Skip to content

Overview of COPD Medications

  • by

Antonio Anzueto, MD; James F. Donohue, MD; Peter Salgo, MD; Byron Thomashow, MD; and Barbara P. Yawn, MD, MSc, FAAFP, review the various drug classes used in the treatment of chronic obstructive pulmonary disease (COPD).

Let’s talk a little bit now about what you were talking about some of these treatment decisions what we’ve got out there we’ve got the the short acting the long-acting bronchodilators long-acting muscarinic s– inhaled corticosteroids how do you make decisions about these things what are you using whom yeah so the you know this is very very complicated because

We do have a lot of i wouldn’t be asking but a lot of them are meters alright and i think the best place to go and would be the you know the gold guidelines really has made it very nice and simple i think everybody needs a short-acting rescue medicine like albuterol or petropia more the two together that’s a sama as a summer or a asaba or even in combination and

That’s the kind of thing like an asthma you can actually if it’s the only thing you have you could pretreat yourself before you walk and you get something out of it most people start with a long-acting bronchodilator a 12 hour or 24 hour and that could be either a anti muscarinic agent a beta agonist long-acting beta agonist or what i really like to make life

Really simple is both alright as the first first drug now what everyone has used for years are inhaled steroids and long-acting beta agonists because that’s simple that’s an a really good asthma therapy first line there and then all these patients are wheezing don’t do first line they’re either yeah but that revolutionized the lives of our patients with you know

With with with asthma copd ics is first line you’re right barb the but anyway well one size fits well that’s what i was saying it’s a simple story simple marketing use advair or whatever you know simple court and your you know your pressure’s going to 280 oh it’s 50 what happened at least but i think that it is as you pointed out it’s a real problem it is not a

One-size-fits-all and when you look at therapy for copd it is frequently this combination of a long-acting bronchodilator ics that is not the appropriate therapy i know that’s what you were saying and what is the appropriate first airmen the appropriate thirst therapy i like to think of it as a hierarchy as you were starting the short-acting bronchodilators you a

Can add a long-acting or both classes of long-acting bronchodilator and then there are indications for going on to add other medications it is not an automatic then you just add ics if they are still not doing what now what are the things byron taught me have you did teach me something byron was that if you give a long-acting bronchodilator or a muscarinic drug you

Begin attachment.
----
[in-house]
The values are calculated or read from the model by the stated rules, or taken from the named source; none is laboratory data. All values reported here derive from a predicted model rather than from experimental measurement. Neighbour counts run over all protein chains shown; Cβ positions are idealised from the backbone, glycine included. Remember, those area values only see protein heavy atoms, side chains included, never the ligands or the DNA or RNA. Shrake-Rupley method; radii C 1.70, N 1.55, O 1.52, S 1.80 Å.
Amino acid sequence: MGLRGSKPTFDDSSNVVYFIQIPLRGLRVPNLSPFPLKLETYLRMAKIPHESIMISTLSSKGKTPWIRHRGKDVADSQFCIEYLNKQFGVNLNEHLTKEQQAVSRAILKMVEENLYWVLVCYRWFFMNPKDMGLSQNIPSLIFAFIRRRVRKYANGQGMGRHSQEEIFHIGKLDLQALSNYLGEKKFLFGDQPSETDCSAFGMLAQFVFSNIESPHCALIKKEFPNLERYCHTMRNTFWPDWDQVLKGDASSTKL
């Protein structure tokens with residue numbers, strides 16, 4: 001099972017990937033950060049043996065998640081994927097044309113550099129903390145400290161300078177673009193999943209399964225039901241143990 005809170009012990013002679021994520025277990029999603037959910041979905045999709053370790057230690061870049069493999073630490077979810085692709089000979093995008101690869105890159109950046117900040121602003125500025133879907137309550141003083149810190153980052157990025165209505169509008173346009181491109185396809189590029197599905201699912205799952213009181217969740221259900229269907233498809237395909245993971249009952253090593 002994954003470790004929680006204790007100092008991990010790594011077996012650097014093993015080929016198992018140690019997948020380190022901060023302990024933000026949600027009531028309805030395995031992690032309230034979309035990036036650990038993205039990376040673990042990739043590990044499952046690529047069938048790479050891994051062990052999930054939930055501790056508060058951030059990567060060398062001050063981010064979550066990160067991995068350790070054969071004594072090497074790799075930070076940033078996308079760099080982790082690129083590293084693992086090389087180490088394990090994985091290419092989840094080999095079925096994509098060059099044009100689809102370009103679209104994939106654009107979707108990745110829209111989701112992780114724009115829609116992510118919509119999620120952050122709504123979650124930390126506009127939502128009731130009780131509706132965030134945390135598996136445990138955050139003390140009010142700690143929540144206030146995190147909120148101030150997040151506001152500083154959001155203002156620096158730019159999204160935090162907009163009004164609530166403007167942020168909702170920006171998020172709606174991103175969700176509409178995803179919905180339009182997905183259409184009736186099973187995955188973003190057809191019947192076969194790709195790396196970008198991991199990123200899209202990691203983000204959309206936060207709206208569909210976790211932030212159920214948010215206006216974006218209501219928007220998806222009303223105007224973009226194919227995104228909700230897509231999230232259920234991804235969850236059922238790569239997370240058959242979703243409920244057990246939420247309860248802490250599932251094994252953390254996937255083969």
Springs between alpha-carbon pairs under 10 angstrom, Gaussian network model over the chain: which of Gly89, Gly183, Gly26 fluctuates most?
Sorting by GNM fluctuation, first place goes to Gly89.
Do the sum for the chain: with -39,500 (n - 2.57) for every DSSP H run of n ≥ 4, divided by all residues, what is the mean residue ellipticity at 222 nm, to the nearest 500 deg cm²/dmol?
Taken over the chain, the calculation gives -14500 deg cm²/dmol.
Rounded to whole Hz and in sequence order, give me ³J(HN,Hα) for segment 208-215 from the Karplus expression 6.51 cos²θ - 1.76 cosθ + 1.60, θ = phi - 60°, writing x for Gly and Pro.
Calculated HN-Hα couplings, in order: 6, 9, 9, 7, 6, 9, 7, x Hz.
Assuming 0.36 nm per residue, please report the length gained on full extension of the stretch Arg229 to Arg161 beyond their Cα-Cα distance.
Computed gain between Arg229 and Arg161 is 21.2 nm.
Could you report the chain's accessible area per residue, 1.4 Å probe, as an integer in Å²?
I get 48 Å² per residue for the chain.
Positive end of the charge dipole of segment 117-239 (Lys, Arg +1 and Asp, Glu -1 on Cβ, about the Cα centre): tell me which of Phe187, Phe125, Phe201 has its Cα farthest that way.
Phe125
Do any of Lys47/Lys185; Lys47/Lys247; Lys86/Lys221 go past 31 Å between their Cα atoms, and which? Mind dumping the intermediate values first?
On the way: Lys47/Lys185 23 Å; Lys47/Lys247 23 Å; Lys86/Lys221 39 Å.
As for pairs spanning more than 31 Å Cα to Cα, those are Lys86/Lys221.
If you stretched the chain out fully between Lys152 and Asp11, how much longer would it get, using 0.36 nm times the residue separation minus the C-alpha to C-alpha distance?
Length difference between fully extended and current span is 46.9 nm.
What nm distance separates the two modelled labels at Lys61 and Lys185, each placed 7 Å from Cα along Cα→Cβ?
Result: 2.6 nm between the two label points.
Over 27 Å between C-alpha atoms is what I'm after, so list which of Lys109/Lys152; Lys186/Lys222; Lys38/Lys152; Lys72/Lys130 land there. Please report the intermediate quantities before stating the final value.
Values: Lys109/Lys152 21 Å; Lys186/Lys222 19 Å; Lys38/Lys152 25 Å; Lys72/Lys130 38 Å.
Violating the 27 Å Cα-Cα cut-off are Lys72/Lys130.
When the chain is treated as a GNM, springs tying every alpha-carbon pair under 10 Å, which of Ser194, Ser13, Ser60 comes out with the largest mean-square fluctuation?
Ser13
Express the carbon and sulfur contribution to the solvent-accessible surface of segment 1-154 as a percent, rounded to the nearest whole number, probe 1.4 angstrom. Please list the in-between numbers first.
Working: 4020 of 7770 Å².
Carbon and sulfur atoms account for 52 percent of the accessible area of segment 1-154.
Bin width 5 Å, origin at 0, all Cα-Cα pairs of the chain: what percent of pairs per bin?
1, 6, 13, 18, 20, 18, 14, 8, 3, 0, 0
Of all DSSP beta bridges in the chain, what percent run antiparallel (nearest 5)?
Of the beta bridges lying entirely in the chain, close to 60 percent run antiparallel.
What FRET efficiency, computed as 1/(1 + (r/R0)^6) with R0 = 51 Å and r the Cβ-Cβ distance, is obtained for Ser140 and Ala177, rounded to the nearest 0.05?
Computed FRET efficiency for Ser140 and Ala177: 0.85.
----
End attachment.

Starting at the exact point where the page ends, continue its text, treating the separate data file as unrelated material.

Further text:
Can actually shrink lung volumes over time which is if you will and forgive the oversimplification a chemical lung volume reduction that improves function so where does that fit here are they saying that is that what you’re hearing yes the okay so that the two bronchodilators the lobby lama combination which which i happen to like a lot and then i can defend that

Scientifically but i i don’t want to go off on that you might have to pugilistica lee here eventually put your finger on what it does the most important thing is the shortness of breath is driven by the air trapping a hyperinflation that’s why i like it because if you don’t respond to one the other ones there there’s no escalation in side-effects when you put the

Two together sorry oh that’s a nice combination now what about the inhaled steroid love another very nice combination or even the triple therapy and goal gives us nice guidelines there’s an asthma copd overlap people with a lot of via sinha fills as markers of allergic inflammation 300 cells per cubic millimeter there’s a lot of little and those are people people

With severe disease and most importantly people who have a lot of exacerbations the frequent fliers they need that steroid and so to make it pretty simple mono therapy with a long-acting agent and maybe dual bronchodilators and then either the triple or just ics lava let me a layer of complication i think the message here is copd is a treatable disease yeah it can

Be treated and these bronchodilators have changed the natural history important function quality of life so the foundation is long-acting bronchodilators most of the time now i use in the fixed combination on active because you give two to three different mechanism for the price of one you know that when it comes down and it’s and there’s no increased side effects

At least that’s a really important message that i don’t think primary care still hears all the time is you’re using two long-acting bronchodilators but they are different mechanisms of action so yes you use them together and they’re synergistic

Transcribed from video
Overview of COPD Medications By HCPLive